This article is continued from previous article, Space: Ascendents Sphere of Stars (AAC-1). There are questions of if it's accurate to classify AAC-1 as a dome-shaped open cluster, where stars are locked in tight gravitational bound orbits, or if it's something else entirely. It's been awakening realizing how its center is extremely close, out of everywhere in the galaxy, as if humans have something to do with it. The feature is similar to a galactic stellar halo, except that it isn't, because of its center's eerie/close proximity to the Solar System. The Ascendents Sphere (AAC-1) should not be confused with the Milky Way Galaxy (AAC-10), the Milky Way Galactic Halo (AAC-11), or the Milky Way Galactic Core (AAC-12).
For the Ascendents Sphere (AAC-1), how many star dome stars (Ascendents) there are depends on when the counting stops, because for several light years on both the inside and outside of the sphere, large stars influence AAC-1's gravity. It's easy estimate tens or hundreds of thousands of stellar objects, because a square with 100 stars dome stars, is negligible to the significant amount of stars making the entire Ascendents Sphere.
A 2000 year time-lapse photo reveals, in relation to each other, little movement of AAC-1 stars. Other than a few stars here and there, for the most part, stellar positions haven't changed. For being tiny bright dots over 900 light years away, in the grand perspective, they hardly move. Over 100,000 years, it becomes more significant as Ben Burress from KQED said, "it would take Barnards' Star (the star with the fastest proper motion in our skies [at this time]) about 350 years to move one pinky-width across the sky." Barnard's Star is one of the nearest stellar objects to Sol, it takes finer precision to measure movement for more distant objects.
If there is enough inertia, perhaps the star dome, or maybe the entire Ascendents Sphere itself actually has a rotation period. Larger intervals of time could eventually drastically change the region by turning stellar features like Ptolomy's Cluster (M 7 / AAC-7) to face closer to the center or to the edge of the Milky Way Galaxy.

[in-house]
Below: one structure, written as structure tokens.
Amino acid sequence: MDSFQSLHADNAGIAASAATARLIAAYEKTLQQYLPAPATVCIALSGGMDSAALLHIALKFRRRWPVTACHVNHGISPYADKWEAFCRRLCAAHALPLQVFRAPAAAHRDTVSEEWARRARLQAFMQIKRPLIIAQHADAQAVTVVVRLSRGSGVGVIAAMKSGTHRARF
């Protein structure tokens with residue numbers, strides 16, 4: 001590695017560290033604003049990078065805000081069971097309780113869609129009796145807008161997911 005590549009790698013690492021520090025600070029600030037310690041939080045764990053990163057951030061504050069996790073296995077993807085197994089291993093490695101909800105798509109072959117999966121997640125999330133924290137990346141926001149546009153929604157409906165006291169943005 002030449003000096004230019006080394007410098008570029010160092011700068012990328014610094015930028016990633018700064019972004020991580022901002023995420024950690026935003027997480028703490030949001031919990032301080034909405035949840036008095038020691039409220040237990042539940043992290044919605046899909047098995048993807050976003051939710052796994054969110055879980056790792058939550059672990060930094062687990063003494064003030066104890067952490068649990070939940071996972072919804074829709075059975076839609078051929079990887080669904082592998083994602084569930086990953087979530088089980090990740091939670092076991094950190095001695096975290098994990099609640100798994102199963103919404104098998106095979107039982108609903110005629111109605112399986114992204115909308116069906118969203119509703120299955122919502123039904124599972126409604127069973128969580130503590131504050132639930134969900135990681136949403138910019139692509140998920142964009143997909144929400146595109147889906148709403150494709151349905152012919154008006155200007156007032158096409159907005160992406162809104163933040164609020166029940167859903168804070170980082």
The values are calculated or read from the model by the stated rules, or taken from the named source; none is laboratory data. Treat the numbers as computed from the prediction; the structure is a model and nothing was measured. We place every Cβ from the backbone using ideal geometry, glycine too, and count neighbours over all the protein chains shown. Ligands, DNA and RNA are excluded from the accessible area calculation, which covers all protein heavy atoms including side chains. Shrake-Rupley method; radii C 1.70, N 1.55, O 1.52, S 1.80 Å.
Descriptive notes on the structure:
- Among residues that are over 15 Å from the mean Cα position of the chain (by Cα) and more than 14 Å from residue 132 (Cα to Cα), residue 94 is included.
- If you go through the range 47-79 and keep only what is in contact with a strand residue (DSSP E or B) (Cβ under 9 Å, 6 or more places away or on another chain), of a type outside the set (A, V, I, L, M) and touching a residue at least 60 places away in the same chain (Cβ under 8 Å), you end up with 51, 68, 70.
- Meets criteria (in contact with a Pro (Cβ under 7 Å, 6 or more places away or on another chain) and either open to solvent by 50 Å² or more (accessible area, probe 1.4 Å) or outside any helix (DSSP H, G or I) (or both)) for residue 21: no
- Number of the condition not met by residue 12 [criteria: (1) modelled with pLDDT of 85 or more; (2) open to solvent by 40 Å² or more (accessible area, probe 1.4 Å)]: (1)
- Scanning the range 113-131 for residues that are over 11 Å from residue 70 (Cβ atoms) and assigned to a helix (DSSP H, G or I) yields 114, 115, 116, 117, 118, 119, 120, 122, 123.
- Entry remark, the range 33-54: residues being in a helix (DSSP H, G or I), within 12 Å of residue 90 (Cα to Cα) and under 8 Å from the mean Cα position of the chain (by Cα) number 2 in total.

Ptolemy's Cluster (AAC-7 / M 7) is located in Scorpio, but the actual group of blue stars are located to the right of the constellation's brightest lone stars, above Ophuchius, and left of Sagittarius. The Ascendents Sphere (AAC-1) stars might have orbits, but they don't quite appear to flow or migrate -- as M 7 is still where M 7 is. From a galactic perspective, since 2000 years ago when Ptolemy named the blue star cluster now also known as M 7 / AAC-7, the stars were almost in the same place.
The discovery of the Ascendents Sphere (AAC-1) has opened the door to a new world of questions about the nature of existence and how our individual interpretations light perspectives, inspire visions, and give us a better understanding of how everything connects. Contributions answer questions, bring peace, and create satisfaction. Postmodernism has been a threshold for a new age of thinking that can blind people to believe they already know everything, however; now it's more obvious that by taking a step back and understanding how the experts of the past, even with their limited technology, also had right perspectives; there are both -- new and old truths to be learned and relearned for the record. The Ascendents Sphere is quite the astronomic phenomenon; and for some reason with us as humans beings at the center, it seems the discovery strongly relates to anthropology (the study of humans and the human experience), as well as many other aspects to life and science.
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